Pavel Mikhailovich Fitin (1907 Ozhogino, Kurgan Region, Soviet Union - 24 December 1971) was a Soviet intelligence officer.
Fitin graduated from a program in engineering studies at the Timiryazev Agricultural Academy in 1932 after which he served in the Red Army, then became an editor for the State Publishing House of Agricultural Literature. The Communist Party of the Soviet Union (CPSU) selected him for a special course in foreign intelligence.
Fitin became deputy chief of the NKVD's foreign intelligence in 1938, then a year later at the age of thirty-one became chief. The Russian Foreign Intelligence Service credits Fitin with rebuilding the depleted foreign intelligence department after Stalin's Great Terror. Fitin also is credited with providing ample warning of the German Invasion of 22 June 1941 that began the Great Patriotic War. Only the actual invasion saved Fitin from execution for providing the head of the NKVD, Lavrenty Beria, with information General Secretary of the CPSU, Josef Stalin did not want to believe. Beria retained Fitin as chief of foreign intelligence until the war ended but demoted him.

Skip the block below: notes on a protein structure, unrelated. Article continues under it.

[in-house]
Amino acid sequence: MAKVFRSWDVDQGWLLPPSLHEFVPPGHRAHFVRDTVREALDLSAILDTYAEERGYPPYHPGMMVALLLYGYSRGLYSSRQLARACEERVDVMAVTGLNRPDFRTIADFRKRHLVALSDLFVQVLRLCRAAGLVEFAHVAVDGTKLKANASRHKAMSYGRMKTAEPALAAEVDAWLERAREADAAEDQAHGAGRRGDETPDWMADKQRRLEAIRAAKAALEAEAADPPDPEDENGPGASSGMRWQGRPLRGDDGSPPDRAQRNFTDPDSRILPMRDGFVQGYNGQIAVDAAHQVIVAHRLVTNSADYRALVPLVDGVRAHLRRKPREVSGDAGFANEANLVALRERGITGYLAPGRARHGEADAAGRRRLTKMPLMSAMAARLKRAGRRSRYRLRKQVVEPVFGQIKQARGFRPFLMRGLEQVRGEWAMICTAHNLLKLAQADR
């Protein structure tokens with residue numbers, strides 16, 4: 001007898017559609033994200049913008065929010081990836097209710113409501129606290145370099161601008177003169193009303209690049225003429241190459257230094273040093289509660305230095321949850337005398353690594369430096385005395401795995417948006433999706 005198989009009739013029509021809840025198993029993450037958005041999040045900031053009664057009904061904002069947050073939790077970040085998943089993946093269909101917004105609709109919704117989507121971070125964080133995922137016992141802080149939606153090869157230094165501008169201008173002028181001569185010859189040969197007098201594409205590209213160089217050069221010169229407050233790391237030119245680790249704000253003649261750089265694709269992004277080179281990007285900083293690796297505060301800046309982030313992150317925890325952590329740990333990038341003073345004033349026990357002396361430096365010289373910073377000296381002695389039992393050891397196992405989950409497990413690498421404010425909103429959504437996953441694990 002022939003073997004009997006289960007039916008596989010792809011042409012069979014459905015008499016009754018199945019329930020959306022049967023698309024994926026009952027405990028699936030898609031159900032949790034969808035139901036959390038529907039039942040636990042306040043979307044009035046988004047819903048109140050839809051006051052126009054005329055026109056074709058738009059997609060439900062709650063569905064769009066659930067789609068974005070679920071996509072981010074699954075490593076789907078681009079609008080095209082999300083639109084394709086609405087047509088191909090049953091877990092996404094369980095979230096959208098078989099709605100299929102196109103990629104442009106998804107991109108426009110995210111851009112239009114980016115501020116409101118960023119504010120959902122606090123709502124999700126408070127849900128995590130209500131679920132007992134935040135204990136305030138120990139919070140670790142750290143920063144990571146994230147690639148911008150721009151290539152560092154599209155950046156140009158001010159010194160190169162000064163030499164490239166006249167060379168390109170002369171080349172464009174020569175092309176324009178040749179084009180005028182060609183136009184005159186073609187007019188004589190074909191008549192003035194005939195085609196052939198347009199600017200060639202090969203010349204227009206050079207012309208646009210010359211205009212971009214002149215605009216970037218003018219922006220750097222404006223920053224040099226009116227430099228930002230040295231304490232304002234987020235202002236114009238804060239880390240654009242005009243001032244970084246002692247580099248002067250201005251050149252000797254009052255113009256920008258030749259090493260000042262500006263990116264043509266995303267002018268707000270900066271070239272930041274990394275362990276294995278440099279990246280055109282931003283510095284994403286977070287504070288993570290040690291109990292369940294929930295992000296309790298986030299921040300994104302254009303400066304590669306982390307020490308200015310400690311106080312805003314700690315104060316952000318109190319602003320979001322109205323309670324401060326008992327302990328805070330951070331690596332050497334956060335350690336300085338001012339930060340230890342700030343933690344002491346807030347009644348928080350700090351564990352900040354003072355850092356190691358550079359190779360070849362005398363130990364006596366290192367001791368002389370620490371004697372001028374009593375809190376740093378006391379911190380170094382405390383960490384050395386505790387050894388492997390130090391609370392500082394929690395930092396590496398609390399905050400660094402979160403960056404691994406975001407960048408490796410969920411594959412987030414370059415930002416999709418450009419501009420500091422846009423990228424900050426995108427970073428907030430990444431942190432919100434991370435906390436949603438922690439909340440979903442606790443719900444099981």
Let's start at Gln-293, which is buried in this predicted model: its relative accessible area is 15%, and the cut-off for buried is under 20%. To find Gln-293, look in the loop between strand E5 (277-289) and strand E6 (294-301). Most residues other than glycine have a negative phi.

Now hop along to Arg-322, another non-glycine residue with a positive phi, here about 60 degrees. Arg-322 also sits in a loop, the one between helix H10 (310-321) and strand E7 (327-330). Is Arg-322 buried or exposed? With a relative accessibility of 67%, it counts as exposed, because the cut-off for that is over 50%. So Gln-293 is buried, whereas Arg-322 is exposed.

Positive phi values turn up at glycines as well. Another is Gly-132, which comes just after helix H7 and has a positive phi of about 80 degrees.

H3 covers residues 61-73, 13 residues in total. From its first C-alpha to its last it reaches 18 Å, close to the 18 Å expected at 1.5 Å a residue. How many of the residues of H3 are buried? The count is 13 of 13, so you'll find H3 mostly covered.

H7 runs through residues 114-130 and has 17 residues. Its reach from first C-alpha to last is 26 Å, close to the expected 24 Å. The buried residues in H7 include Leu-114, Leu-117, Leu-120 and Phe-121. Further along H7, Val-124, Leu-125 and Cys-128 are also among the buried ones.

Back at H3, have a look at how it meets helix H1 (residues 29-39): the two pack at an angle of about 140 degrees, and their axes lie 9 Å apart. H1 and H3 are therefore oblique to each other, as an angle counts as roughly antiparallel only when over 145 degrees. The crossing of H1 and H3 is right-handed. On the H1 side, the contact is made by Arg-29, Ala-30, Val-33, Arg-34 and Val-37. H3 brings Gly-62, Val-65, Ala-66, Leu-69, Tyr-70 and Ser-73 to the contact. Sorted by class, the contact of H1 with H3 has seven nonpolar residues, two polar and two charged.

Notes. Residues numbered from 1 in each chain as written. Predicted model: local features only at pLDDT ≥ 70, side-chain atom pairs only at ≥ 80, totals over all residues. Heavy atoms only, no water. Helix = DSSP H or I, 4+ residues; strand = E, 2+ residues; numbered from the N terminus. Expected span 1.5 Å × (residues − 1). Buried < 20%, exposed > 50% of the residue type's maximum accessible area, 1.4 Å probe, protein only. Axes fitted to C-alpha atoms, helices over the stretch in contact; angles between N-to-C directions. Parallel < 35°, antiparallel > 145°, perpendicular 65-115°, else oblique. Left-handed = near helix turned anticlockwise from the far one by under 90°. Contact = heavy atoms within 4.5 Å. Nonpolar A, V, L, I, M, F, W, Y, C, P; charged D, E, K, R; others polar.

In 1951 Beria discharged Fitin from the NKVD and denied his pension. Fitin was unable to find employment until Beria was executed in 1953.
Fitin attained the rank of lieutenant-general, and was awarded the Order of the Red Banner twice, the Order of the Red Star, and the Red Banner of Tuva.
In 1942, Joseph Stalin appointed Pavel Sudoplatov to head the intelligence work on the Manhattan Project, and to coordinate the data gathered by Soviet agents in England, Canada, and the United States. Most cables sent via the New York – Moscow connection were sent by KGB officer Leonid Kvasnikov, known as Anton, to Lieutenant General Pavel Mikhailovich Fitin, known as Viktor, who had been the head of the foreign intelligence section of the KGB at that time (NSA 2/9/44).
- NSA VENONA PROJECT
- Foreign Intelligence Service bio in Russian
- John Earl Haynes and Harvey Klehr, Venona: Decoding Soviet Espionage in America (New Haven: Yale University Press, 1999)
- Vladimir Chikov, Stalin’s Atomic Spies: KGB File N. 13676 [Unpublished American Edition of Comment Staline a Volé la Bombe Atomique Aux Américains: Dossier KGB no 13676], trans and afterword by Gary Kern (1995)